If you go

What: Festival of the Pumpkins

Where: Snohomish and Lake Stevens

When: Through Oct. 31

Tickets: $25. One pass provides entry to the activities at one farm.

More: www.festivalofpumpkins.org

Talk to us

More in Life

R.J. Whitlow, co-owner of 5 Rights Brewery, has recently expanded to the neighboring shop, formerly Carr's Hardware. (Kevin Clark / The Herald)
County craft breweries’ past lives: hardware store, jail

Most breweries in Snohomish County operate in spaces that formerly housed something far different — from boat builders to banks.

Caption: Stay-at-home parents work up to 126 hours a week. Their labor is valuable even without a paycheck.
A mother’s time is not ‘free’ — and they put in 126-hour workweeks

If you were to pay a stay-at-home mom or dad for their time, it would cost nearly $200,000 a year.

Linda Miller Nicholson from Fall City, Washington, holds up rainbow pasta she just made in the commercial kitchen at her Fall City home, Wednesday, Dec. 22, 2021.  The rainbow wall behind her is in her backyard. (Ellen M. Banner/The Seattle TImes/TNS)
This King County woman’s rainbow pasta signals her values

Linda Miller Nicholson sculpts colorful noodles that reflect her personality and pro-LGBTQ+ pride.

CloZee performs during the second day of Summer Meltdown on Saturday, Aug. 3, 2019 in Darrington, Wash. (Olivia Vanni / The Herald)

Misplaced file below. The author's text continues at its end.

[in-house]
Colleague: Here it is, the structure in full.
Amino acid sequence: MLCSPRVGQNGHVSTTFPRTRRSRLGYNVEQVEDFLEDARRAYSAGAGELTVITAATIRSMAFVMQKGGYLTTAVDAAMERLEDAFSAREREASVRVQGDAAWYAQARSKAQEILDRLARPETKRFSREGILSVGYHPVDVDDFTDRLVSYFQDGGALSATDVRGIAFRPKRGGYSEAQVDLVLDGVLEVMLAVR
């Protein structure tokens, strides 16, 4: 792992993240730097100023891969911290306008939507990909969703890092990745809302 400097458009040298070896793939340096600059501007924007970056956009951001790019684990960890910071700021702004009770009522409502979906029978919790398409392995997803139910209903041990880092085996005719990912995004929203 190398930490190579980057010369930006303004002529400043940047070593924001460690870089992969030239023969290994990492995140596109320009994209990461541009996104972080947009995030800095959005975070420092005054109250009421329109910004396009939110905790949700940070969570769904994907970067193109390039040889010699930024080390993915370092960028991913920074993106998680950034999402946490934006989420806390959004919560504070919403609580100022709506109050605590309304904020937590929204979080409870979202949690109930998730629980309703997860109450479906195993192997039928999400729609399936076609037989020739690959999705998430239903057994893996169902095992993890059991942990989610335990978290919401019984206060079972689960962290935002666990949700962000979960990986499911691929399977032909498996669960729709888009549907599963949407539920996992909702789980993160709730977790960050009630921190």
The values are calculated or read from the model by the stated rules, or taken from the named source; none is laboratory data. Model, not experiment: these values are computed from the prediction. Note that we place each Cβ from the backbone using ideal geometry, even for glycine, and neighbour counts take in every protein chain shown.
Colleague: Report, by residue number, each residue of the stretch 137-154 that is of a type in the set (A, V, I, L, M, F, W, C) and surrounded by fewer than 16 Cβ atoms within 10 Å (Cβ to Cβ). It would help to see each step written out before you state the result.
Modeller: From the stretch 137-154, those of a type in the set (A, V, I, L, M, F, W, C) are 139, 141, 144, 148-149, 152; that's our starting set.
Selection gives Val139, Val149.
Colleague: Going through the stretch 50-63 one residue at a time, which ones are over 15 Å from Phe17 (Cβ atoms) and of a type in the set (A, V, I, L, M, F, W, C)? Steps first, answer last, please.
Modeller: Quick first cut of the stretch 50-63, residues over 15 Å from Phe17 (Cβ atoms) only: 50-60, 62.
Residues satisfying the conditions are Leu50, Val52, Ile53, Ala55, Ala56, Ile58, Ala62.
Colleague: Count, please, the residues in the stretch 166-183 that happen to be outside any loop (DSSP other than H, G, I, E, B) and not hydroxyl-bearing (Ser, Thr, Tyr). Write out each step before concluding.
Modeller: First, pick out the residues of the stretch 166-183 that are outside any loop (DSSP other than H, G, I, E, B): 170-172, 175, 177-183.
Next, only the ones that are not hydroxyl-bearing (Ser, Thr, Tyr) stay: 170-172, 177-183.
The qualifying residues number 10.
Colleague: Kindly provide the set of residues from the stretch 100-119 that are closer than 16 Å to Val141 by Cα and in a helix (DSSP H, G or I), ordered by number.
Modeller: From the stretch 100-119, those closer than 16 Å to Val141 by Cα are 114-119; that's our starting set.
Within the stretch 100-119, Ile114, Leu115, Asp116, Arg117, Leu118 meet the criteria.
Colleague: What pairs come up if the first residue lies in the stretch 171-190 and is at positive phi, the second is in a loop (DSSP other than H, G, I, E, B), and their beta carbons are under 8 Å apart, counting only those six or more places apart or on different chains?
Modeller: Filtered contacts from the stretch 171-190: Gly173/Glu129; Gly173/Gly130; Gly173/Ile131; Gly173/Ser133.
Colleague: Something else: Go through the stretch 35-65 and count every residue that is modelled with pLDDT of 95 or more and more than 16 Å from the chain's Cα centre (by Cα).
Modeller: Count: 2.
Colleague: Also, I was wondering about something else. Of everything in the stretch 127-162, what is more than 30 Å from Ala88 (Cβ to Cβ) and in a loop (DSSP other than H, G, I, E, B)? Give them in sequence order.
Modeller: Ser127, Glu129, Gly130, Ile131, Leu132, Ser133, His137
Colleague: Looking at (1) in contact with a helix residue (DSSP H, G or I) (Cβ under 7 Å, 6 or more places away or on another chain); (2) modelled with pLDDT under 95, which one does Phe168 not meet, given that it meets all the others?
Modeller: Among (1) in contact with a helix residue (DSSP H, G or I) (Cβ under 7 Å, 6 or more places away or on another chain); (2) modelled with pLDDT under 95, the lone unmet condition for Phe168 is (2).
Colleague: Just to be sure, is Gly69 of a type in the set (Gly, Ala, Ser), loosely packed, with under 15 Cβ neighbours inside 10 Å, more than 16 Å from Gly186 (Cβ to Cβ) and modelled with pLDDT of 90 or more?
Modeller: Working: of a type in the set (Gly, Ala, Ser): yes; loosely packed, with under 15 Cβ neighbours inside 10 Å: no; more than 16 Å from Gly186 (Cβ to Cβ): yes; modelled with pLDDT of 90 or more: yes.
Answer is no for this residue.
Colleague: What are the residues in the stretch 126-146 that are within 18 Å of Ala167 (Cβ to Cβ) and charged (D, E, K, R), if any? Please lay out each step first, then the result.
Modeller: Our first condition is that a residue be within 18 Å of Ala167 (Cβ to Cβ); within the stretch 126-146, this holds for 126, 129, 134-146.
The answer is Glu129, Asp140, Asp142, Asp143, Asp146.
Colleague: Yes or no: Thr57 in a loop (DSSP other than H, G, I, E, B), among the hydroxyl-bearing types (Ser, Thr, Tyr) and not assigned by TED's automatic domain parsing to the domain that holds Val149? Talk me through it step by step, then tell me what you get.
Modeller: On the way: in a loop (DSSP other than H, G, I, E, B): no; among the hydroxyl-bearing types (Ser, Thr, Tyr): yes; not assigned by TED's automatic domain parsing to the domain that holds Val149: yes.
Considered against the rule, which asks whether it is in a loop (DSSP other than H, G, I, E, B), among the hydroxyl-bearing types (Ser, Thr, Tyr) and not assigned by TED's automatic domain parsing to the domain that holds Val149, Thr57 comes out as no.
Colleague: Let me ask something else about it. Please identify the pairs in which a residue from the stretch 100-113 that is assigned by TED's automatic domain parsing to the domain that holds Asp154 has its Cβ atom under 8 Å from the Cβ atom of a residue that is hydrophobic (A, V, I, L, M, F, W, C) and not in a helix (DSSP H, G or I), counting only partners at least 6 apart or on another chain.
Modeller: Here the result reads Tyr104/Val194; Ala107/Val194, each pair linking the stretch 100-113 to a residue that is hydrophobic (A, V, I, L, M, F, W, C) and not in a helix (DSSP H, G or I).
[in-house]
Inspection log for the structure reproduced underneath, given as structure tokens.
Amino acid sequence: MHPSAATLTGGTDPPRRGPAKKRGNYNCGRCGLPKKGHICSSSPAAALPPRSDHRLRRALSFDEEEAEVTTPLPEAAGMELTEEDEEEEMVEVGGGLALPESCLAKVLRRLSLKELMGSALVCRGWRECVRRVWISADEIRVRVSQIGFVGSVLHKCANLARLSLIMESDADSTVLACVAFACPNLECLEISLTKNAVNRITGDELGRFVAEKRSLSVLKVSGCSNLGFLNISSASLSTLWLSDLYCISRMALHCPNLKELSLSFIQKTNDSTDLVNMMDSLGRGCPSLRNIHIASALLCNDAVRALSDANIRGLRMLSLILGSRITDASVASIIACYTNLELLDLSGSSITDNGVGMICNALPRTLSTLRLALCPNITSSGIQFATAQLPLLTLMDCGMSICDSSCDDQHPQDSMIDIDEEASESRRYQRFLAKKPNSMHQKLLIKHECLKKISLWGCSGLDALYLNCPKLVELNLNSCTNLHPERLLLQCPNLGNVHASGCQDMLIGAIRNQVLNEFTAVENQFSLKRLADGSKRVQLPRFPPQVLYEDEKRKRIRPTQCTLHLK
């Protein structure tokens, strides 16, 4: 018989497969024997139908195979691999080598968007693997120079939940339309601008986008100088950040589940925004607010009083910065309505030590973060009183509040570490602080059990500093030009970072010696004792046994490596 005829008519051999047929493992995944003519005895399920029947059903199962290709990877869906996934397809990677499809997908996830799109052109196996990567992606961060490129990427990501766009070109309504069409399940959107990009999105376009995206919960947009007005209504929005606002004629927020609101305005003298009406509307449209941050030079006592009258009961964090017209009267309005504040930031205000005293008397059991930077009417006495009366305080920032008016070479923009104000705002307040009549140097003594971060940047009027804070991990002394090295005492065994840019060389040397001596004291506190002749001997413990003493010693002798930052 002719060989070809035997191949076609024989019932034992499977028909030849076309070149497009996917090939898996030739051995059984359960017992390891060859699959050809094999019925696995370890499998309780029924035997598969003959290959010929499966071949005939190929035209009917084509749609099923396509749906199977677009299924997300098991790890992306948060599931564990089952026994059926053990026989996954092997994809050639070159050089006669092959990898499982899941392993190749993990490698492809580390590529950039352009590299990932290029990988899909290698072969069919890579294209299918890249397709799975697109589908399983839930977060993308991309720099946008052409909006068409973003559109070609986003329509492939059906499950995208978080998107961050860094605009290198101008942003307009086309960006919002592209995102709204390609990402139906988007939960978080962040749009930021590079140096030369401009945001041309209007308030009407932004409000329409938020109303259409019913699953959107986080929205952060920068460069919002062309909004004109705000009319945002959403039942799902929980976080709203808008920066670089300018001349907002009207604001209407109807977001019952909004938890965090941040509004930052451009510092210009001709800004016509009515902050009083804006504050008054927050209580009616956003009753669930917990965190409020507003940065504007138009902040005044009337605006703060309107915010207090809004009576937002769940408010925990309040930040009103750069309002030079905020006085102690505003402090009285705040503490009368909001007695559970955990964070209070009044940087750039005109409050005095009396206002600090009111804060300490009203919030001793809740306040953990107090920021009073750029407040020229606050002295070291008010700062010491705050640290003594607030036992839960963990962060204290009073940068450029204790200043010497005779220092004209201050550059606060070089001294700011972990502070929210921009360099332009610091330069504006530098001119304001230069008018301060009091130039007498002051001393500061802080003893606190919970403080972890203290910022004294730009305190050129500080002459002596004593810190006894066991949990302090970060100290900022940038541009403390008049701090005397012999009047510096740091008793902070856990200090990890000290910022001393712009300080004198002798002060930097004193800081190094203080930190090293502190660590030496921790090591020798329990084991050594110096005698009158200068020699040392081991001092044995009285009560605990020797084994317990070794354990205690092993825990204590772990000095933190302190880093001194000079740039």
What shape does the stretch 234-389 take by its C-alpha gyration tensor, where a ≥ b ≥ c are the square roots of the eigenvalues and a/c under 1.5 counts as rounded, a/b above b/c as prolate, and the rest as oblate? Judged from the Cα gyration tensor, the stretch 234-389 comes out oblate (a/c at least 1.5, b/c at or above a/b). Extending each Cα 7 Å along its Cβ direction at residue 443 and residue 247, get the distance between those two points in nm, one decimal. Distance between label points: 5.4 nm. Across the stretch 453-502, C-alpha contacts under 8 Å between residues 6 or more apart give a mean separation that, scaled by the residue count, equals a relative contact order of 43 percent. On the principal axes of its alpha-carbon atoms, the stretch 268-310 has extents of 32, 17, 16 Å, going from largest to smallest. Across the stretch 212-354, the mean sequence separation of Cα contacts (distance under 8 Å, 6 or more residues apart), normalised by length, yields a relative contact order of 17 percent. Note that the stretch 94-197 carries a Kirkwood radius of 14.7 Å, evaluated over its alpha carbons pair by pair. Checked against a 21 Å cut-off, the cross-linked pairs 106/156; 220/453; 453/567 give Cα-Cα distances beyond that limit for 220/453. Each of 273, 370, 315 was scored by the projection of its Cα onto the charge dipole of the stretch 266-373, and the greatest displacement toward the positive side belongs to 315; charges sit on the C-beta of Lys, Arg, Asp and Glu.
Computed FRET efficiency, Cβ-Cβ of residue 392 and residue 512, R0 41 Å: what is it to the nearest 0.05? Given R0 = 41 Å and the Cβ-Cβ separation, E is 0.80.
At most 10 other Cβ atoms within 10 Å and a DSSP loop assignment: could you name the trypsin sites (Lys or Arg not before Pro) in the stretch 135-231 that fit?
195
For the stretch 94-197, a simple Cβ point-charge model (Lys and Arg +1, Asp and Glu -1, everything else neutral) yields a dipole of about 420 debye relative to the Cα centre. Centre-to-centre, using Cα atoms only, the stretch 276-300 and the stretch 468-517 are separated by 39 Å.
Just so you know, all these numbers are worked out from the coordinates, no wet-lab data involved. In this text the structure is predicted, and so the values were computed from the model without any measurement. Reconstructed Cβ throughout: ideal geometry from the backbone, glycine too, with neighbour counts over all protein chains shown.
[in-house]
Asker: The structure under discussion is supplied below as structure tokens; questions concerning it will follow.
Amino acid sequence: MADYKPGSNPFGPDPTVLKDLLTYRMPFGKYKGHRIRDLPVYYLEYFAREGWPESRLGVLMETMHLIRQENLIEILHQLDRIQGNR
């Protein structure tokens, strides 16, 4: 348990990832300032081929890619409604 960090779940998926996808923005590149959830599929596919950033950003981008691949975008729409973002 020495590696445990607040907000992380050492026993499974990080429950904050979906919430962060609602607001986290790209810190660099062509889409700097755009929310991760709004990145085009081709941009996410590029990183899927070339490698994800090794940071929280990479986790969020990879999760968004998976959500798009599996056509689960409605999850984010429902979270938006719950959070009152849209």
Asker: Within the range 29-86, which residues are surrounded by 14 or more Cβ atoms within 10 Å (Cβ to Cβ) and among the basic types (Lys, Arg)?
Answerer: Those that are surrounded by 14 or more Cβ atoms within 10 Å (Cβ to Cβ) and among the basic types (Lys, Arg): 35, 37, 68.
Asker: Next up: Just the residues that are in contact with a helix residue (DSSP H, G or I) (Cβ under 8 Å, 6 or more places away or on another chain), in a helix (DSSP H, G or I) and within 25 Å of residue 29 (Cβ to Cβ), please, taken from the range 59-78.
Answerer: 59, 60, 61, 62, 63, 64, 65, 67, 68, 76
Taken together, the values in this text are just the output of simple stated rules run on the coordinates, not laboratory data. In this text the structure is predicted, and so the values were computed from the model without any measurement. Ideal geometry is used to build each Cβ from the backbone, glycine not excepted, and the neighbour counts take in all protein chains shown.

The psychedelic fest Summer Meltdown is back — and in Monroe

The music and camping event is on for July 28-31, with a new venue along the Skykomish River.

Rotisserie chicken is paired with butter beans, dried dates and arugula in this simple salad dressed in a smoky vinaigrette. (Gretchen McKay/Pittsburgh Post-Gazette/TNS)
Winter chicken salad packed with good-for-you greens

Served with crusty Italian bread and a glass of pale ale, it makes a quick and easy supper.

How to cultivate inner peace in the era of COVID, insurrection

Now more than ever, it’s important that we develop and practice relaxation and mindfulness skills that calm our minds and bodies.

Budapest’s House of Terror.
Cold War memories of decadent Western pleasures in Budapest

It’s clear that the younger generation of Eastern Europeans has no memory of the communist era.

Gardening at spring. Planting tree in garden. Senior man watering planted fruit tree at his backyard
Bare root trees and roses have arrived for spring planting

They’re only available from January through March, so shop early for the tree or rose you want.

Help! My Expedia tour credit is about to expire

Kent York cancels his tour package in Norway that he booked through Expedia after the pandemic outbreak. But the hotel won’t offer a refund or extend his credit. Is he about to lose $1,875?

Veteran Keith F. Reyes, 64, gets his monthly pedicure at Nail Flare on Tuesday, Dec. 21, 2021 in Stanwood, Wa. (Olivia Vanni / The Herald)
No more gnarly feet: This ‘Wounded Warrior’ gets pedicures

Keith Reyes, 64, visits a Stanwood nail salon for “foot treatments” that help soothe blast injuries.

Photo Caption: A coal scuttle wasn't always used for coal; it could hold logs or collect ashes. This one from about 1900 sold for $125 at DuMouchelles in Detroit.
(c) 2022 by Cowles Syndicate Inc.
Coal scuttles of days long gone by now used for fire logs

This circa 1900 coal scuttle is made of oak with brass trim, and sold for $125 at auction.

Enumclaw, the band
Music, theater and more: What’s happening in Snohomish County

Most of these venues require proof of vaccination against COVID-19 or negative… Continue reading